• Muslims aren't allowed to *gamble* by law. Games per se are fine, it's wagering money that's not allowed for Muslims. And it's a little harder to get around than saying "I'm not Muslim" since Malaysians carry compulsory identity cards which (amongst other things) help to distinguish Muslims and non-Muslims.
    Knee-jerk reactions like this are typical of the Malaysian Government, unfortunately. We use the traditional approach to selecting Cabinet members - it's an intellectual race and the slowest ones win...
  • Somehow I doubt the government is going to start telling what you can and cannot play in your own home. One could even consider an extention of Roe vs Wade to cover this. I honestly don't think that a government saying that one has to be 18 or older to buy a game that has massive graphic violence in it is all that bad of a thing. That brings it to the point of one's parents telling you what you can and cannot play in your home, and I'm sorry, but you don't have that many rights in a matter like this. The point of that last like, imho, is that we should realize that government saying you have to be 18 or older to buy a game is a much more reasonable thing than alot of people think.
  • Just because theyre banning arcades in Malaysia doesnt mean we should let our gaurd down on the complaints by people that there is too much blood and violence in video games. We could say, oh well let them restrict the violence, at least were not as bad as malaysia. If we did that, pretty soon we would be as bad as malaysia. Attacks on freedom at any level, no mater how insignificant they seem in comparison to other countries, need to be opposed.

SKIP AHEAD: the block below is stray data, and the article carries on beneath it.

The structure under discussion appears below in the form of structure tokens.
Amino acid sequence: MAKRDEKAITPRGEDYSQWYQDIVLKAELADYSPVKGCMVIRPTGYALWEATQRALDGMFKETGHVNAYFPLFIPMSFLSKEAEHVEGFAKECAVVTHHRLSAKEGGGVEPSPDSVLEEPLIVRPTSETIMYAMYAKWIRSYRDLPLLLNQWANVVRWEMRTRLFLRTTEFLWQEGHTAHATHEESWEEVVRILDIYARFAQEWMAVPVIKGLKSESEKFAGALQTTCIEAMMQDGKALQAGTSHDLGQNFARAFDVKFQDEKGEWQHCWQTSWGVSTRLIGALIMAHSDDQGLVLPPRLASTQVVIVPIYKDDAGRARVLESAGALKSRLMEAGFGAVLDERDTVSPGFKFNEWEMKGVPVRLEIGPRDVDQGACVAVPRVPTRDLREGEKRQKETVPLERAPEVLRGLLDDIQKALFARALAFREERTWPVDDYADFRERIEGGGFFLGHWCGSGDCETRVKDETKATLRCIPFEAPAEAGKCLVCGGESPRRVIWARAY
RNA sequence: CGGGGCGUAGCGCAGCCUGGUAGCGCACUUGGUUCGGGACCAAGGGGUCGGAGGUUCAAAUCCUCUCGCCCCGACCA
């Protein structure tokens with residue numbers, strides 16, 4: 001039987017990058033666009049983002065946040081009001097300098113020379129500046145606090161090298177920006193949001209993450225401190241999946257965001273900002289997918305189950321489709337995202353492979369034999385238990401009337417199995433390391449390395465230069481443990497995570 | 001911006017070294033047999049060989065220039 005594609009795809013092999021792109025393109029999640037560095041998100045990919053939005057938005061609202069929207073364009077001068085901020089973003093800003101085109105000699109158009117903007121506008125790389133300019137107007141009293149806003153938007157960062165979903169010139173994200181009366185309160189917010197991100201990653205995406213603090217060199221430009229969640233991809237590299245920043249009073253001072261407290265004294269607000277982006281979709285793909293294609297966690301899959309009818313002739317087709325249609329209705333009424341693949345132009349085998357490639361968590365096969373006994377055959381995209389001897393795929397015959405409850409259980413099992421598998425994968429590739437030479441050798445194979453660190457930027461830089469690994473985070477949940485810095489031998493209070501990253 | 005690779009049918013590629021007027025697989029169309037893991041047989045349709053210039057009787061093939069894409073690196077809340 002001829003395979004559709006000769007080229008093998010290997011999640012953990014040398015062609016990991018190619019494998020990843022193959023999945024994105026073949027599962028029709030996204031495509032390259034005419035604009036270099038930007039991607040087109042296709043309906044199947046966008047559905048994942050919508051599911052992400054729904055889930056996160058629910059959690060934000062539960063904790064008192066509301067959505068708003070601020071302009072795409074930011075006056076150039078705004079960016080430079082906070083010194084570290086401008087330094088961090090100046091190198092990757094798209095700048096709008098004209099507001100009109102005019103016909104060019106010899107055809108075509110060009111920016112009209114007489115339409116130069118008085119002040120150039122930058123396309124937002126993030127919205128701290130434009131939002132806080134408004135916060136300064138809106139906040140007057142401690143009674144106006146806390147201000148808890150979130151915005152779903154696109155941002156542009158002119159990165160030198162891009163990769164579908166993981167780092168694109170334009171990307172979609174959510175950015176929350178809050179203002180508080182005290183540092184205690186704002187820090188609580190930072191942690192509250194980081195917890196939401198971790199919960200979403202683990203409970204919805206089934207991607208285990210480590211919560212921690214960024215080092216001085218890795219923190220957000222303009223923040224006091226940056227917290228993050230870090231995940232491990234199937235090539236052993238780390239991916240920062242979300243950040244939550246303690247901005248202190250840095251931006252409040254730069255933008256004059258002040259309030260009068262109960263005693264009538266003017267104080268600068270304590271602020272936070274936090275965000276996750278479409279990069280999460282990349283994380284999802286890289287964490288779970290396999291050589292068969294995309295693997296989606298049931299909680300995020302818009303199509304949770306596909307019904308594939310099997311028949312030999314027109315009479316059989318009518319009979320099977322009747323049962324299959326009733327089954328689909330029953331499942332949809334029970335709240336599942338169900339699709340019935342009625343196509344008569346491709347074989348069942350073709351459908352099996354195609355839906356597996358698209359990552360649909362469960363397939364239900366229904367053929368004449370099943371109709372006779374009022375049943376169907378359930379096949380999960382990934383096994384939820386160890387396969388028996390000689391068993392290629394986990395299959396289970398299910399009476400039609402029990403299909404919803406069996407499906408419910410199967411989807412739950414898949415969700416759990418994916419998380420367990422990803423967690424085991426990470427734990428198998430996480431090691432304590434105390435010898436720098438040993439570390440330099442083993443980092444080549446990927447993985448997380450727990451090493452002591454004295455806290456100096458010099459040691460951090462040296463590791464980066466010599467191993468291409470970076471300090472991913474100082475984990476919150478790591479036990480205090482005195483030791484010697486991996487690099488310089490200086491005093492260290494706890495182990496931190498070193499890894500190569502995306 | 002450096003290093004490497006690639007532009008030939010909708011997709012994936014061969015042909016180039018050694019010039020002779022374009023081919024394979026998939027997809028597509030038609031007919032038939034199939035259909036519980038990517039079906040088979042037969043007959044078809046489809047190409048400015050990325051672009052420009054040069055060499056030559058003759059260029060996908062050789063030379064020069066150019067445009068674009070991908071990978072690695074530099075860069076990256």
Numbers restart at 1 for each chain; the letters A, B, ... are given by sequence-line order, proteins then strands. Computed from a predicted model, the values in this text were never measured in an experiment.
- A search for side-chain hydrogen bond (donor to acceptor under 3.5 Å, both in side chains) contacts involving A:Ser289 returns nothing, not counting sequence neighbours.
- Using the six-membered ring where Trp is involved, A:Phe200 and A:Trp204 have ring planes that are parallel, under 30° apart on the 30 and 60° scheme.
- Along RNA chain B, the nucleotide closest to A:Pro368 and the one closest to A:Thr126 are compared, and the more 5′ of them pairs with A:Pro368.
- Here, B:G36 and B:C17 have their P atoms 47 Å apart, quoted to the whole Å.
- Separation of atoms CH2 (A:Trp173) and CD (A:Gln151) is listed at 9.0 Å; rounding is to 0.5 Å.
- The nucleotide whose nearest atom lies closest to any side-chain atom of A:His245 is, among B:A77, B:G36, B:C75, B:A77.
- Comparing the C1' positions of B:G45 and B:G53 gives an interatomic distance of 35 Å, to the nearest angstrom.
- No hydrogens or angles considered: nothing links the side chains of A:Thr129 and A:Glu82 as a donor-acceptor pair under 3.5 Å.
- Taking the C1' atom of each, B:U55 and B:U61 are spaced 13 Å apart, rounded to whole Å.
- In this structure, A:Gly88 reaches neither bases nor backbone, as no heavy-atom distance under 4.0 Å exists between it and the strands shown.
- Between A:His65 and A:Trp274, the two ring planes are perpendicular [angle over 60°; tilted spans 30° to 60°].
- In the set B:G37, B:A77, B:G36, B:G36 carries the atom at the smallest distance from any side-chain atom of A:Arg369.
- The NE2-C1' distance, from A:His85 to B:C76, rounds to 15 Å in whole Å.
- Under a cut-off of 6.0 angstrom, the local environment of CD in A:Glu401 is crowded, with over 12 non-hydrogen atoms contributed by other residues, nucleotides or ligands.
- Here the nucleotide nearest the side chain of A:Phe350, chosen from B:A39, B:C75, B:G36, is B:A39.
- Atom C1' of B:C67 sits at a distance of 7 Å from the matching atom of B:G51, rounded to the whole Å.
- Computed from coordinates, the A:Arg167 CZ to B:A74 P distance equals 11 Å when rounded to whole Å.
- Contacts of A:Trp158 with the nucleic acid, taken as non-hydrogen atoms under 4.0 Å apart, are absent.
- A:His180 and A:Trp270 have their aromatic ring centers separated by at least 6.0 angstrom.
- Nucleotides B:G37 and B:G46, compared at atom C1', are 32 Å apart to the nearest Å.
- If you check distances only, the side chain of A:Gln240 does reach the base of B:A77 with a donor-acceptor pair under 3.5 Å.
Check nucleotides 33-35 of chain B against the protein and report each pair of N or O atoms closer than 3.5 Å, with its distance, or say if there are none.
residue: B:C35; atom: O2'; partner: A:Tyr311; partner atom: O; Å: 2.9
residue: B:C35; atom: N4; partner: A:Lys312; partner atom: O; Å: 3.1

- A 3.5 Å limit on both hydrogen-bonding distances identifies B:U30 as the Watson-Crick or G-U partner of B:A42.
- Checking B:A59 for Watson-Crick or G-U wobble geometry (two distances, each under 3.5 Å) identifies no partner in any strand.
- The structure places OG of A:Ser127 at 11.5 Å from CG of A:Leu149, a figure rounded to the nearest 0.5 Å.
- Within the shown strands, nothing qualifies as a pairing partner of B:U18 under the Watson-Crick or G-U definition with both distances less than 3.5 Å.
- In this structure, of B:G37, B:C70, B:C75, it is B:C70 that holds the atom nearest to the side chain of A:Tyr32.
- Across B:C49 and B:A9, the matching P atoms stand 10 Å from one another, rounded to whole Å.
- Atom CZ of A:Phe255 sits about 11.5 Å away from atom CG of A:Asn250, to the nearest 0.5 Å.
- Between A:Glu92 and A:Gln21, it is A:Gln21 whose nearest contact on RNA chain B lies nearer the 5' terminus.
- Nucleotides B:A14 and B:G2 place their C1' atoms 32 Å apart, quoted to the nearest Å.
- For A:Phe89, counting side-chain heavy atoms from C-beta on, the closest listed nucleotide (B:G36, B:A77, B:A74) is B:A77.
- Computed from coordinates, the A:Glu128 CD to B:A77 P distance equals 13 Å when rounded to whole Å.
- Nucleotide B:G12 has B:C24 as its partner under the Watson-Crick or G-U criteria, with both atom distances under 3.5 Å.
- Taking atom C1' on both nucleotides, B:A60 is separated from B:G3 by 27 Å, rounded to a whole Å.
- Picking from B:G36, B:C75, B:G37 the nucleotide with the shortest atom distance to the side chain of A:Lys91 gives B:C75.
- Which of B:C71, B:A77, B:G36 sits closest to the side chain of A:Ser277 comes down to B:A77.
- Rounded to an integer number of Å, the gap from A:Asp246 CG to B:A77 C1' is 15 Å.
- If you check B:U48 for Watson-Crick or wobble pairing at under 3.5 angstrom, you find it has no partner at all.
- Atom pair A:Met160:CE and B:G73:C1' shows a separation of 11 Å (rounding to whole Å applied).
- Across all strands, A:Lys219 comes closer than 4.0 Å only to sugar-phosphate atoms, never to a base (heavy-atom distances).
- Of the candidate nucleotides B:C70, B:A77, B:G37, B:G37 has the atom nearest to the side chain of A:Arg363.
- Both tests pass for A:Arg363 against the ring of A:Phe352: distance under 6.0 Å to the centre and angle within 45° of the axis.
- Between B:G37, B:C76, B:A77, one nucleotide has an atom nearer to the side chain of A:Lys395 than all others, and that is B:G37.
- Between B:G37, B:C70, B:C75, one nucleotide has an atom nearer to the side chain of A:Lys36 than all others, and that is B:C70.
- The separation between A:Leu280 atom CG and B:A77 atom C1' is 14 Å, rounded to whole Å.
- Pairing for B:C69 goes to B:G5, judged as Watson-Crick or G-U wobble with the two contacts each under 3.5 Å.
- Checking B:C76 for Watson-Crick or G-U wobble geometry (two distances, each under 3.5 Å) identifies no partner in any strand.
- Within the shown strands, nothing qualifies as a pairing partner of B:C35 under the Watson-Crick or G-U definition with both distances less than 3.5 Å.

• Of course, it didn't help when I kept telling them that he [Austin Powers] was a popular sex symbol in the US and considered the ideal man...

    It might not have helped you, but it made my day. The man who cracks mirrors with his bad teeth, the ideal man? The joke is complete! I just about laughed my head off, and I'll be lucky if I don't fall out of my chair. Say it ain't so! You don't really believe that, do you?

    Look out Mike Myers! the men and women of the world have fallen in love with Austin Powers!

  • In Malaysia 95% of the gaming is in Internet cafes not arcades anyway. Only the big arcades in the malls have any games from the last 10 years and will not be affected by the law. The arcades the government are referring to are not nice places...gambling is illegal in Malaysia (sort of...if you dont count Toto 3d etc). As usual an american centric view and bad journalism combine to make a story where there is none.
  • I went gambling in Mississippi and went in with $100 allowed to lose (yeah, I know, I know, last of the big spenders...). I came out $20 ahead so was pretty chuffed but yes, you're absolutely correct the only way to gamble (in a gambling house) is to expect to lose and load up on the free drinks and cheap hotel rooms.

    The best kind of gambling is among friends. That way, no money is going to some faceless third party. Although I still think that can be unhealthy if it gets too serious. Best to gamble for pennies.


  • By the same token, a society built on respect, if Abdul needs an extra grand to do something, and I have it to give, that is a gift. Out of respect, Abdul will repay that gift at an appropriate time.

    Or perhaps Abdul needs some money to tide him over until the pay from that construction job he finished comes through but noone is interested in lending it to him since they won't get anything from it so he has to steal a loaf of bread to feed his family, gets caught, has his hands cut off and so he can't work, loses his house and so his family dies of starvation and nasty diseases.